Daryl Hannah: Rich Little Rich Girl

"Daryl was this sweet, incredible-looking creature," observes a friend of the actress's from that time. "She was like Dorothy Stratten in some ways. She was luckier, though, because [Binder] found and promoted her and not some psychopath like Paul Snider." In fact, the lead role in Star 80, Bob Fosse's account of the murder by husband Snider of Playboy centerfold and budding actress Stratten, is one of the few that Hannah admits regret about losing. (Mariel Hemingway got the role.)

Binder was pretty straight with me," Hannah says. "He'd gotten me a lot of work. Even if it was a really well-known, incredible director, if he knew the guy was interested in me in that way, he would not send me out. Chuck revolves in that world and knows which guys are like that, probably has been like that himself. Luckily, he wasn't like that with me."

Binder shepherded Hannah through the early days of go-see's and auditions that led to Ridley Scott's casting her in the 1982 Blade Runner. Hannah's sullen, androgynous charisma won her notice, and her first agent. Producer Leonard Goldberg appropriated Hannah as his "discovery" when she appeared as a fashion model--a thinly disguised Brooke Shields--in a TV movie, Paper Dolls. But the incipient sex bomb seemed profoundly uneasy with her pin-up quotient. She demanded a body double for Summer Lovers, the menage-a-go-go debacle directed by Randal Kleiser. Peter Gallagher, Hannah's co-star and fellow survivor, found her "terribly bright" but "very young in some kind of interplanetary way." Today, Hannah is loath to discuss the film. Shooting love scenes in Reckless, her next film, with Aidan Quinn, Hannah broke out in hives. "As soon as I get hired, they start talking about, 'Oh, and the nude scene....' What nude scene? It's just a drag. There are some definite sleazebags around. Every once in a while, you step in a little doggie-doo. I've often been talked into things, because I always doubt my initial instincts. I'm getting a little bit stronger in believing in my own instincts now."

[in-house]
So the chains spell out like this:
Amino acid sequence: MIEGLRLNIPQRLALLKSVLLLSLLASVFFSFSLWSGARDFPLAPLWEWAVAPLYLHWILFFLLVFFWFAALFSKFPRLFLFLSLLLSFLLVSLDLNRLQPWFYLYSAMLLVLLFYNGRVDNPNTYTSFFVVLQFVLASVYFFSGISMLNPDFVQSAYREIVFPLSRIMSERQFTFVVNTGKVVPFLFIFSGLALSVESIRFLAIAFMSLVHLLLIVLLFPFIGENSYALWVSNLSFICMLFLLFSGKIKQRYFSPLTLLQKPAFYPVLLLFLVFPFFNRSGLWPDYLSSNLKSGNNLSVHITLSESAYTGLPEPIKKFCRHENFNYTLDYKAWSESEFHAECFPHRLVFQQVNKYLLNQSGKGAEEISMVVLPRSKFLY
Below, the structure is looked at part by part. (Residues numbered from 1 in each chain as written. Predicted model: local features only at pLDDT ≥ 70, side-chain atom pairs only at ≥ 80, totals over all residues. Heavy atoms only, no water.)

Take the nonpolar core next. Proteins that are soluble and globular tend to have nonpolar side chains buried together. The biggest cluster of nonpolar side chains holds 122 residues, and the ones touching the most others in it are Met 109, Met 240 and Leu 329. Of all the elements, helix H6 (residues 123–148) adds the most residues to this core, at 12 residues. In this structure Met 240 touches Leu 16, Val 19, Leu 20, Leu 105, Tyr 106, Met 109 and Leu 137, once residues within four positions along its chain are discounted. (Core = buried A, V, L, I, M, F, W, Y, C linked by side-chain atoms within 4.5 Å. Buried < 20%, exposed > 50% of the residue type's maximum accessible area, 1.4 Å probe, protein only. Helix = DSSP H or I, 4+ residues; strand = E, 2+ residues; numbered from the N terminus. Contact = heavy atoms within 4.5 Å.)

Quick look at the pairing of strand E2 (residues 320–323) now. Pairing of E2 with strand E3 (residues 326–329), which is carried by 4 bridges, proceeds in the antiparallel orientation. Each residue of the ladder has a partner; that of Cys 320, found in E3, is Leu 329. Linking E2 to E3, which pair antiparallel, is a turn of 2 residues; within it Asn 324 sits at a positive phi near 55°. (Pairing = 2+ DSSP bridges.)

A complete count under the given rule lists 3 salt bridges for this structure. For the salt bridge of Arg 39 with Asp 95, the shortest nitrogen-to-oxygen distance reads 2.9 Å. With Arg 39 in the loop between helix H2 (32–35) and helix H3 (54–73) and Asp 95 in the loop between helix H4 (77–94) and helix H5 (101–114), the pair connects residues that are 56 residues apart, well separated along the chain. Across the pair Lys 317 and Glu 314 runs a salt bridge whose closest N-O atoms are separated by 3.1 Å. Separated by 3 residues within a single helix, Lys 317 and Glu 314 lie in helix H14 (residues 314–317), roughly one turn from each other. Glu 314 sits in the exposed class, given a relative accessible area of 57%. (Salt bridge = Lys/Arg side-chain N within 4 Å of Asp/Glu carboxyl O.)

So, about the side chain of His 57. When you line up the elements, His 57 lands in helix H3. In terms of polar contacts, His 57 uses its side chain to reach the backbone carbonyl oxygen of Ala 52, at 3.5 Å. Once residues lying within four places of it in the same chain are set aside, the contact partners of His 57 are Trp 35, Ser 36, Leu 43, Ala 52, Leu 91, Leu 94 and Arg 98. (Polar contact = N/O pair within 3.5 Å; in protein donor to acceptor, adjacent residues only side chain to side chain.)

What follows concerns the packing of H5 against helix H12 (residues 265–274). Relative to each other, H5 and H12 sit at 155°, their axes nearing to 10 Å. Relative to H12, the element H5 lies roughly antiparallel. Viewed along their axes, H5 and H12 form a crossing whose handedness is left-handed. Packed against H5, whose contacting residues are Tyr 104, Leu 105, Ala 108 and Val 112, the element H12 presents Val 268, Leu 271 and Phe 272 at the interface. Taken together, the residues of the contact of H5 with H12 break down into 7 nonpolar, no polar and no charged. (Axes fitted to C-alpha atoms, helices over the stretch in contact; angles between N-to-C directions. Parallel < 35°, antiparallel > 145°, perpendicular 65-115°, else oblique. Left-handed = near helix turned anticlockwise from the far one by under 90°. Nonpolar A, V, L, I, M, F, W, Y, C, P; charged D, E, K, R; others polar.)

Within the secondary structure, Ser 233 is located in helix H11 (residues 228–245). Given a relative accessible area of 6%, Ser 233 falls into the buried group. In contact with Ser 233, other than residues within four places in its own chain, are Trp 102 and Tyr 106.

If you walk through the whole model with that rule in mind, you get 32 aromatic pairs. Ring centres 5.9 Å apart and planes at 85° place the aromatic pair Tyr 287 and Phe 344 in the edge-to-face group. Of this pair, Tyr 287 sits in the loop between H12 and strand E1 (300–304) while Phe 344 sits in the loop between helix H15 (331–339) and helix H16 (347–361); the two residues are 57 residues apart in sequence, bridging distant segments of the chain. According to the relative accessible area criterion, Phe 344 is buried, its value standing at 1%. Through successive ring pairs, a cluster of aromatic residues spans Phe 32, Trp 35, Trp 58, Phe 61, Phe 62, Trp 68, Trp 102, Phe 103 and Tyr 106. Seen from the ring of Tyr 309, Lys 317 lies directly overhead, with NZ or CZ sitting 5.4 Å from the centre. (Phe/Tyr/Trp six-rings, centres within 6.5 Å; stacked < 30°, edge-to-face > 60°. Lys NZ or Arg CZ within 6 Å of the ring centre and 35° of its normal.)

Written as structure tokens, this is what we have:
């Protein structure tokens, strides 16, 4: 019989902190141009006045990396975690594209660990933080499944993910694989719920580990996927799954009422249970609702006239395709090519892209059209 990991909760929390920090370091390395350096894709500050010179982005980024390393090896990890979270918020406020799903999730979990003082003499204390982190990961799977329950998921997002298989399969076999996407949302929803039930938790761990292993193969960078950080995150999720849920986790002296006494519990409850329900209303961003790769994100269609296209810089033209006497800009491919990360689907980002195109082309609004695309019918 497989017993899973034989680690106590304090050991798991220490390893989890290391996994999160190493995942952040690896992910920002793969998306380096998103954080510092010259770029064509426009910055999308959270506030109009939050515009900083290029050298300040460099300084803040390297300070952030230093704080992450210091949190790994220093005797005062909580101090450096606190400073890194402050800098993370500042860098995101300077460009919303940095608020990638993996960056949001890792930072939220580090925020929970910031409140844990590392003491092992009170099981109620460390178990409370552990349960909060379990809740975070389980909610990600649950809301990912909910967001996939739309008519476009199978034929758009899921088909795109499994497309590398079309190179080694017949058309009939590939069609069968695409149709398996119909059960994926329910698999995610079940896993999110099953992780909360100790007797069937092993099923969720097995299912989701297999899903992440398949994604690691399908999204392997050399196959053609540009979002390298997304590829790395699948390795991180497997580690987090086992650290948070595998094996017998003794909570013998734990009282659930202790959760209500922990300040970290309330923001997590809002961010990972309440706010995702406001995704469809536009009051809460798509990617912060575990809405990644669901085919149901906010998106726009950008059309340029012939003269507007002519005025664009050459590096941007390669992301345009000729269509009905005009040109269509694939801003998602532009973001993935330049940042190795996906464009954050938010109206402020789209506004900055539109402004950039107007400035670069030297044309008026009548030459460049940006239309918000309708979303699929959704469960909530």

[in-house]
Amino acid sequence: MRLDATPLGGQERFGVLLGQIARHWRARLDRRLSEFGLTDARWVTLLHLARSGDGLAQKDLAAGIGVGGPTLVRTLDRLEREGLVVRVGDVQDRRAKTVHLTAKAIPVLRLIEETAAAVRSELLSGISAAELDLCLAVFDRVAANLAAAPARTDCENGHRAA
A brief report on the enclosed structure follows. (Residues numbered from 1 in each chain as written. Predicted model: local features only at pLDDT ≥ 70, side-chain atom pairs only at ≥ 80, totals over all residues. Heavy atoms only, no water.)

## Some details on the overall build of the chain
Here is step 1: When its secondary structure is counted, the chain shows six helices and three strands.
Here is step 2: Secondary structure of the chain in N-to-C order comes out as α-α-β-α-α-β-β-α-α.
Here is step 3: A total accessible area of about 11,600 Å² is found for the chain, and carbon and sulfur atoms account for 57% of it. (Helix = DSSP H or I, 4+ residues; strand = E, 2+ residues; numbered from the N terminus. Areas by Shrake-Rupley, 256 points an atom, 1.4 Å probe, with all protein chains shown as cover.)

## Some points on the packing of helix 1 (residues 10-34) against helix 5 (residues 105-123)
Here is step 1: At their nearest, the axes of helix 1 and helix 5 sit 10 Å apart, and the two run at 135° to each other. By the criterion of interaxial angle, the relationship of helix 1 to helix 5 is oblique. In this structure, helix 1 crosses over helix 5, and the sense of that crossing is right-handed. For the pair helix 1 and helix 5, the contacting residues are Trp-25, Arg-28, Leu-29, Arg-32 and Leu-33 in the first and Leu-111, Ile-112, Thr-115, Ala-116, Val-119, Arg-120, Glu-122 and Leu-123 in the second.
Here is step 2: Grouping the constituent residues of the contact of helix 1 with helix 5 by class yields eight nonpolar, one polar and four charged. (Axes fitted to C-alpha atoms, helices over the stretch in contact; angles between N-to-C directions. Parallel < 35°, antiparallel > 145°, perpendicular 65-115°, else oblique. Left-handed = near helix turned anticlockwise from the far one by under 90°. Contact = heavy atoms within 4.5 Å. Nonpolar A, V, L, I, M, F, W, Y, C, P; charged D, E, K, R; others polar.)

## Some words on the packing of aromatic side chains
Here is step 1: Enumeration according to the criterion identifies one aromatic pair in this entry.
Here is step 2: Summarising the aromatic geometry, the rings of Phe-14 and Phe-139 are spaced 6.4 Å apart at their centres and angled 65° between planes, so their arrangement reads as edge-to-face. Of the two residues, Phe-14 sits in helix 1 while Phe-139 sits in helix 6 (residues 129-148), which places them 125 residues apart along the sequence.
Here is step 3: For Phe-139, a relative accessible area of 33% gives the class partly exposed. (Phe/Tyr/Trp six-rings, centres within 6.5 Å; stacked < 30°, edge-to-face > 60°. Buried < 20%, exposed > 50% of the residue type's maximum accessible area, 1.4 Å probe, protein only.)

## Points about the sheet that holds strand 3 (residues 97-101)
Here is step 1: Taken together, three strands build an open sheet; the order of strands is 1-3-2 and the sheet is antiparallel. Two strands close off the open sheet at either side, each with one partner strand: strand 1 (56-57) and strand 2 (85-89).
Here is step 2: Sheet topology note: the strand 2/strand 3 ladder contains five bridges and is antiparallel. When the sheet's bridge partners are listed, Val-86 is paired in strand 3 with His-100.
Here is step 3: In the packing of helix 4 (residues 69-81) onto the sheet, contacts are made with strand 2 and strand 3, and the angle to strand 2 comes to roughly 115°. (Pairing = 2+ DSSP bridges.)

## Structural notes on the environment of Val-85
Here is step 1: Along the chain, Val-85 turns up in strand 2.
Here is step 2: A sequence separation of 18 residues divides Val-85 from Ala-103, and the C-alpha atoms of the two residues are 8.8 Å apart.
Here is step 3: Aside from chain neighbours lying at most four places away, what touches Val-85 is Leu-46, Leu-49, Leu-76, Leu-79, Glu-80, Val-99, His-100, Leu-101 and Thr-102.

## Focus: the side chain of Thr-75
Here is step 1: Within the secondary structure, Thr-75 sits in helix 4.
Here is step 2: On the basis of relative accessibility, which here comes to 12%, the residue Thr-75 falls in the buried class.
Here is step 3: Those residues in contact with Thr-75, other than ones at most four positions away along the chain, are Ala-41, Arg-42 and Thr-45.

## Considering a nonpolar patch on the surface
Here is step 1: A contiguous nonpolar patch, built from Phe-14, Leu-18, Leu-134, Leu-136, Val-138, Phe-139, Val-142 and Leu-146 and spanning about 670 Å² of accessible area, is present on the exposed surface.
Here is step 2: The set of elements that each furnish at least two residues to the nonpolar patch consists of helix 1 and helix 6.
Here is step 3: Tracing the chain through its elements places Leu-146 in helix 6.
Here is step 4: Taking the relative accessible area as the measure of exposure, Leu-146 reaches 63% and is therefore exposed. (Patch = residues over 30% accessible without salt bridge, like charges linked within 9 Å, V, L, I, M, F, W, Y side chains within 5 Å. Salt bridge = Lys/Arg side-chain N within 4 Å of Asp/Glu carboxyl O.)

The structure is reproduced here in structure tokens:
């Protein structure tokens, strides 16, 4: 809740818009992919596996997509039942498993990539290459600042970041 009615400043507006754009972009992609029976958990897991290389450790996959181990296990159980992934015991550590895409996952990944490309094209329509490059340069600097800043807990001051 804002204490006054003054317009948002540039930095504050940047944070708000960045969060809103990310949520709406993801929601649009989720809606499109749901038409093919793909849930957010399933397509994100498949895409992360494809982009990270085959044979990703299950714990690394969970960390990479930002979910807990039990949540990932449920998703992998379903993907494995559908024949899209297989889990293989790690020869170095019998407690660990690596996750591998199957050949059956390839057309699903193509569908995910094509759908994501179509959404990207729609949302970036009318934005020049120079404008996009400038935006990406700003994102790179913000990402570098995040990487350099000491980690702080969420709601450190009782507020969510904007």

But, playing Madison, the innocently randy mermaid in Splash, thrust Hannah into the collective fantasies of a good percentage of America's male population. The 1984 movie made money in tons, and Hannah became the blonde of the moment, among the first to get a crack at "A" scripts, with covers of Life, and People to attest to her visual appeal. But for once, or so said her Hollywood coworkers, smarts went along with the killer bod. "If anyone has ideas about her being some blonde bimbo, they're wrong," Splash director Ron Howard observed. Still, journalists quoted Hannah as confessing that she sometimes couldn't remember to feed herself or had to "really work at ordinary things--like putting gas in the car."

"After Splash," she says, "everybody saw me as The Blonde. They forgot about the personality aspect, how much character there was in the part, and wanted to cast me as a decorative thing. Nothing good comes from that." In Hannah's case, little good has. In The Pope of Greenwich Village, she barely registered in all that sub-Scorsese murk. Far more embarrassing was Clan of the Cave Bear -- One Million Years B.C. minus the Neanderthal va-va-va-voom of Raquel Welch. In Legal Eagles, Hannah was but a percentage point in the quintessential '80s movie deal. In Oliver Stone's testosterone-fueled Wall Street, Hannah's performance prompted one critic to liken her screen presence to "a throw pillow." Perhaps the erstwhile blonde of the moment's moment had passed.

Some in Hollywood believe that Hannah's instincts and career advisors have served her badly. In fact, Hannah and manager Chuck Binder temporarily parted company during her run of bum movies. "I like to work," she says, with a touch of defensiveness. "In a lot of cases, you have to pick the best of what's around, or what's offered to you, in order to keep working."

What others say is that Daryl Hannah is a very rich, very headstrong young woman who ought to take her career far more seriously. Apparently, director Fred Schepisi had to talk her into Roxanne, the improbable 1987 hit which helped nudge Hannah toward bankability again. She had been intent on convincing Schepisi to go instead with second choice Christine Lahti.

Others argue that Hannah is paradoxical. While giving off a careless vibe, she is actually a case study in blonde ambition. On the good will generated by Roxanne, Hannah took her production auspices, Girlie Pictures, to Lorimar for a two-year stint. None of her own projects came off, so the would-be mogul chose director Neil Jordan's misbegotten High Spirits. Hannah played a lovestruck ghost, a sort of supernatural sister to Madison the mermaid, but opposite her was Steve Guttenberg, who is no Tom Hanks. The movie evaporated.

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